The Whooping Crane (Grus americana) is the tallest bird in North America with striking white plumage.
It was once on the brink of extinction, with only 21 individuals left in the wild in 1941. Through dedicated conservation efforts, the population has slowly grown, and there are now over 600 individuals in the wild.
However, the species is still considered endangered, with threats including habitat loss, collisions with power lines, and climate change.
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Adult Whooping Cranes are large and tall birds with almost all-white plumage. The only exceptions are the black primaries on their wings, red crest, and black accents on its head. The black primaries are only visible when they’re flying. They have long black legs, grayish-pink toes, a long neck, and a long and dark pointed bill.
Male and female Whooping Cranes are similar in appearance, although males are about two pounds heavier on average. They can grow up to 4-5 feet high and 4 feet 4 inches long.
Whooping Cranes lay 1-3 light brown or olive eggs with brown splotches that take 29-31 days to hatch.
Their chicks are cinnamon brown and leave the nest within a couple of hours after hatching. Both parents feed the offspring until they reach independence, which occurs at around 9 months of age.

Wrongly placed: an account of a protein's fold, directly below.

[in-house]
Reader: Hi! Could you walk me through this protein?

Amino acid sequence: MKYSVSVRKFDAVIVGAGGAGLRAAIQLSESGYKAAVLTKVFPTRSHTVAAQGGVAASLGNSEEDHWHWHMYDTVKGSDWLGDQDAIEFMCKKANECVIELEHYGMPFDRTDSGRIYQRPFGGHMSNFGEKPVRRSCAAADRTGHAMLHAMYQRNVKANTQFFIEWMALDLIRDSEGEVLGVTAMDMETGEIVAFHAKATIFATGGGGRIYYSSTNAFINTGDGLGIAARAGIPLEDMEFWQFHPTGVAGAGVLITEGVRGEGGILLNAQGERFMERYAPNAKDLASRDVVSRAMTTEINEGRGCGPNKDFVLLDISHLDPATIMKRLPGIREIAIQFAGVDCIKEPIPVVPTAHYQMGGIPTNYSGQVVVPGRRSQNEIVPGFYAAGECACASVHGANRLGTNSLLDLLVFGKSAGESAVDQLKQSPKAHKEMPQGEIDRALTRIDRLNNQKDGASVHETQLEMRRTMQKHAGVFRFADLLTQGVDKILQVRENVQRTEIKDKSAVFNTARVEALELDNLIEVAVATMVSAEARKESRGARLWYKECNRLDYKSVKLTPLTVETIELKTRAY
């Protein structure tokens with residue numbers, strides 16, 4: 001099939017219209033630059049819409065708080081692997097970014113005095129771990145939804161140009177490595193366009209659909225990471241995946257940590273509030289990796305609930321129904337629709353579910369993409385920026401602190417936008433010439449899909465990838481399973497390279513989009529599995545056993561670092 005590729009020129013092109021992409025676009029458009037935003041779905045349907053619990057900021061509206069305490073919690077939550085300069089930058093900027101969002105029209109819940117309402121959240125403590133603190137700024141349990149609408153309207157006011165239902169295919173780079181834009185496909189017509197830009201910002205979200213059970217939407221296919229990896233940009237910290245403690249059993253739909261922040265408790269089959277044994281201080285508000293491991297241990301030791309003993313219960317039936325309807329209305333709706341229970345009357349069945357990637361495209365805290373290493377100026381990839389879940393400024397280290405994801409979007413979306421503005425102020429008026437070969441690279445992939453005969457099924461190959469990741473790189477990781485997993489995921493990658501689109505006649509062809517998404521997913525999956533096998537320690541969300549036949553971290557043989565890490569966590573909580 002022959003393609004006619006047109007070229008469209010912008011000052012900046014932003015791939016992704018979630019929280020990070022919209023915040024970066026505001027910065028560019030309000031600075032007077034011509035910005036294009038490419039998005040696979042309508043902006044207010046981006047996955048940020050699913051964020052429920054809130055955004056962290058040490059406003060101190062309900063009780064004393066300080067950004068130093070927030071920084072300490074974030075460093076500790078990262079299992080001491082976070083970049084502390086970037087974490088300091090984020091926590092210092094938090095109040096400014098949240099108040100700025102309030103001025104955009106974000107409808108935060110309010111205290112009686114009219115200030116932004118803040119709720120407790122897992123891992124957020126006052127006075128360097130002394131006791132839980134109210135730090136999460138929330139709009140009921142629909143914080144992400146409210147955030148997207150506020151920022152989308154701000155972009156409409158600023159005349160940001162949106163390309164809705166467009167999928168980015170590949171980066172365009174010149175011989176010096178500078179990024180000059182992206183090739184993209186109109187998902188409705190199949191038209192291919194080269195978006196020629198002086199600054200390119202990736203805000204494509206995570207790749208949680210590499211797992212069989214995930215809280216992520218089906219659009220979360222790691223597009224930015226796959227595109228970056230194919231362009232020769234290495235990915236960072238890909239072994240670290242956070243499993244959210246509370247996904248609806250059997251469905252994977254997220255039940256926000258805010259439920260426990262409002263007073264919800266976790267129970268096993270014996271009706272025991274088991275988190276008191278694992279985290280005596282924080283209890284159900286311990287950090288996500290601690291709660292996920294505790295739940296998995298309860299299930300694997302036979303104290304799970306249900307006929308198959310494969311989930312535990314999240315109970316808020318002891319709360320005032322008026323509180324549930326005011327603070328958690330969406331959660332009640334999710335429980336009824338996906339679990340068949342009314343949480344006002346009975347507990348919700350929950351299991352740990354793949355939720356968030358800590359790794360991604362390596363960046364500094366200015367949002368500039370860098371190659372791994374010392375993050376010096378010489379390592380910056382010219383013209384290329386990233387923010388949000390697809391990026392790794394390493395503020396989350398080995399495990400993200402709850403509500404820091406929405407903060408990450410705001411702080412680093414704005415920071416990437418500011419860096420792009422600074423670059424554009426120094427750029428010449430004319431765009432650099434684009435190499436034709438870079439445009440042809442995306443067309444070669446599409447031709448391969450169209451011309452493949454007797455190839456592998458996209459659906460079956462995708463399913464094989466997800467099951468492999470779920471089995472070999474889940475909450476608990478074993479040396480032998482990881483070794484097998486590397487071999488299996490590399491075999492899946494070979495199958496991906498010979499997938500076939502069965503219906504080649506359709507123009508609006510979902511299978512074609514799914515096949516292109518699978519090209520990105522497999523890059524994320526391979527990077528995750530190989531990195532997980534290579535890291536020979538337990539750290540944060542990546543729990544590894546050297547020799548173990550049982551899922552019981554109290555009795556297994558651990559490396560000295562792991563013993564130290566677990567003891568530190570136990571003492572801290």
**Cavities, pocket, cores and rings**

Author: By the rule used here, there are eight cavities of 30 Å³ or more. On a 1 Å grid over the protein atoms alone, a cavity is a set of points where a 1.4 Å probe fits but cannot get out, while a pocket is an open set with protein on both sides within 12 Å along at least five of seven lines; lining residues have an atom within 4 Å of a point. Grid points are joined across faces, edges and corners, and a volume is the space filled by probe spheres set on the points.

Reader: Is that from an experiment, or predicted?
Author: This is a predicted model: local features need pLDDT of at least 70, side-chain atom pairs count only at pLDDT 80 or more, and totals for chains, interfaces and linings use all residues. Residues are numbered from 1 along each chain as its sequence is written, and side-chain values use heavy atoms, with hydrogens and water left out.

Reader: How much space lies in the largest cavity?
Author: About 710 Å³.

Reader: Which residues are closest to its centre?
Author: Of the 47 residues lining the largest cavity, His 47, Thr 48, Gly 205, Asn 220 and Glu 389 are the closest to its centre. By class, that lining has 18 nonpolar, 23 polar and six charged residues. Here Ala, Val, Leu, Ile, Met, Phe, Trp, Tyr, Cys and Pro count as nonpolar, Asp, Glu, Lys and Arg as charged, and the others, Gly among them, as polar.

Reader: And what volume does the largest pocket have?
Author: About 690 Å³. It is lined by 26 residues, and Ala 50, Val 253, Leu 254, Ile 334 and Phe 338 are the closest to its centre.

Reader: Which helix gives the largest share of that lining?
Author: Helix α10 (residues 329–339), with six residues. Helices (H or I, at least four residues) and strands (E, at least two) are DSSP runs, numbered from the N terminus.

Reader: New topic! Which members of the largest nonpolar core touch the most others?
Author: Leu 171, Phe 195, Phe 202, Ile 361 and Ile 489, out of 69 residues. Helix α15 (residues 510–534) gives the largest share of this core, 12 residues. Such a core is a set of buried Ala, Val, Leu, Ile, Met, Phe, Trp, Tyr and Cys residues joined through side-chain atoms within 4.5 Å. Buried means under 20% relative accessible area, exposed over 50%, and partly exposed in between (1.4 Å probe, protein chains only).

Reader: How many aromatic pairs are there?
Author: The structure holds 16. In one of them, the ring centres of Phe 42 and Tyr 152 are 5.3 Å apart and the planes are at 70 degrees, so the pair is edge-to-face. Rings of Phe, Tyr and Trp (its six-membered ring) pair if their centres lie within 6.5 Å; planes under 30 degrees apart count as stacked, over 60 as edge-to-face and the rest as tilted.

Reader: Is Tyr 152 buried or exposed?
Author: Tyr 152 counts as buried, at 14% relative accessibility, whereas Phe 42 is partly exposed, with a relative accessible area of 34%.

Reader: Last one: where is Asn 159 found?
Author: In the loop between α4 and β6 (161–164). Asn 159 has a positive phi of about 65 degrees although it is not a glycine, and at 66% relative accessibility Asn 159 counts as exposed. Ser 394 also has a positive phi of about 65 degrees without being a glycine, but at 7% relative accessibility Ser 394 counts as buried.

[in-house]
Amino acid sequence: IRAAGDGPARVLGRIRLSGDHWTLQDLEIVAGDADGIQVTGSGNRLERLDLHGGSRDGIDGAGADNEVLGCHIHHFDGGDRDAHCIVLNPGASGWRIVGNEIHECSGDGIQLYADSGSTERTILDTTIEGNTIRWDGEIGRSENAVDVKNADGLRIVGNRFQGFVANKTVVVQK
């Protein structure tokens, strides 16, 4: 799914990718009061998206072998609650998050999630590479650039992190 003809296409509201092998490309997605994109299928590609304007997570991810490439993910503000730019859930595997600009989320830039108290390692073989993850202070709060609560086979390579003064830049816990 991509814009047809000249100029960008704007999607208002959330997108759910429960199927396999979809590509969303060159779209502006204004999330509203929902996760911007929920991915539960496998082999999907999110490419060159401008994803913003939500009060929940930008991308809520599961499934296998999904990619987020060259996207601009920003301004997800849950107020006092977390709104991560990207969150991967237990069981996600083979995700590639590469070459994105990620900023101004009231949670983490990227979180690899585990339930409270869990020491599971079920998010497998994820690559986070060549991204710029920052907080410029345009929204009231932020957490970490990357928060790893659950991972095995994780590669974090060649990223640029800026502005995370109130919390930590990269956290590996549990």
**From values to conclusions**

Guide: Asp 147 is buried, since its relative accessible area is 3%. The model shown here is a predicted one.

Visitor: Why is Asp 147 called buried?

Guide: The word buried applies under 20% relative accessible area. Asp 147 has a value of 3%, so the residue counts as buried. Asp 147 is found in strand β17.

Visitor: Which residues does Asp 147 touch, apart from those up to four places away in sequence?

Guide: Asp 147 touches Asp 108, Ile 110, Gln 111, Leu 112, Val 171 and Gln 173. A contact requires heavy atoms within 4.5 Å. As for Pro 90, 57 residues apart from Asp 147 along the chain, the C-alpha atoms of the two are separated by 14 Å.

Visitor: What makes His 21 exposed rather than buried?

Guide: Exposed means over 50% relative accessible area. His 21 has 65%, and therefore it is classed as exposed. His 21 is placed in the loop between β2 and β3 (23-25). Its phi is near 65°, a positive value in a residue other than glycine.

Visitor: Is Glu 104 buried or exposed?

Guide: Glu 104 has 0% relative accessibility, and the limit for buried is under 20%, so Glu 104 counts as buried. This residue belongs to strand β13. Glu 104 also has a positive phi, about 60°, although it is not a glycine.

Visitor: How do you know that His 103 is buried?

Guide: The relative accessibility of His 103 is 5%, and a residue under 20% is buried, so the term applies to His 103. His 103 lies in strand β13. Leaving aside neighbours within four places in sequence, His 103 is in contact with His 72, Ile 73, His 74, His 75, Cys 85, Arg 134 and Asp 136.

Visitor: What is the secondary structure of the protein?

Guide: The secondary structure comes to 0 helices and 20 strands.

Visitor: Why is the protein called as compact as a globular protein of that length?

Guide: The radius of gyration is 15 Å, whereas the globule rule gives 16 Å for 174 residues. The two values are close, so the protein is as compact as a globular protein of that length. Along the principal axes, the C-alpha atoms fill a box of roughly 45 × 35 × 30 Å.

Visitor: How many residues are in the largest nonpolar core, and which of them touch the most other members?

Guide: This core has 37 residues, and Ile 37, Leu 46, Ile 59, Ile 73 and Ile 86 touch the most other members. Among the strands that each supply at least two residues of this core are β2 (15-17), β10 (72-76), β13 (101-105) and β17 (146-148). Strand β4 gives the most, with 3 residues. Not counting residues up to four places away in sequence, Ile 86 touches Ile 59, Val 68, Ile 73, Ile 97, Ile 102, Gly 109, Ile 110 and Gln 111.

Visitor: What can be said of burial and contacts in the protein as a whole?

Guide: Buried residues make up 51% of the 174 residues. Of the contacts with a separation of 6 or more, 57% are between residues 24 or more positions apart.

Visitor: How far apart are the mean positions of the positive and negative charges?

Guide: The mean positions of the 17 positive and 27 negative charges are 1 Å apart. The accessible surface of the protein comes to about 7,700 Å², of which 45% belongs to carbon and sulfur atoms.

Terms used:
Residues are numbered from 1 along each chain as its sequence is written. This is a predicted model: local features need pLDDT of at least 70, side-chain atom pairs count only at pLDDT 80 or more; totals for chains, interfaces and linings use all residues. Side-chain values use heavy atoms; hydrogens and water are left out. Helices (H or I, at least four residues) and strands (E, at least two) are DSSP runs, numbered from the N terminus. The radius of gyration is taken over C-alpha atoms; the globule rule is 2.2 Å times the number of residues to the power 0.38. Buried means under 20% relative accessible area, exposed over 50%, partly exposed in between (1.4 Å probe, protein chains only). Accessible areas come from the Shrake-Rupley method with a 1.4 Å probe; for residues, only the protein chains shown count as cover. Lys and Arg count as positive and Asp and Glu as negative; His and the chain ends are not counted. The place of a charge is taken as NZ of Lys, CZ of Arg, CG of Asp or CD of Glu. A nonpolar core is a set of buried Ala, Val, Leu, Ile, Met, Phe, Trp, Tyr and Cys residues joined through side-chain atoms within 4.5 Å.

As they get older, juvenile Whooping Cranes develop white plumage but it is blotched with light cinnamon tones.
Whooping Crane habitats are primarily marshy areas, shallow and grassy wetlands, mudflats, and wet prairies. They prefer to nest in marshes on a raised area that is surrounded by water and camouflaging vegetation.
The pair forms the nest on the ground by piling and stomping down surrounding vegetation, such as sedges and cattails. The nest is a big platform, measuring 2-5 feet across, with a shallow depression in the middle.
Whooping Cranes are omnivores who eat whatever’s available, although they prefer animal matter above plant matter. Their diet includes small mammals, fish, reptiles, amphibians, mollusks, insects, aquatic crustaceans, roots, seeds, grains, nuts, and fruit.
Specific diet depends on their location and season. Their winter and summer diets are probably quite similar. It includes insects, crustaceans, frogs, snakes, mice, voles, snails, small fish, seeds, roots, and berries. Migrating Whooping Cranes lean heavily on waste grain, such as barley, wheat, and corn.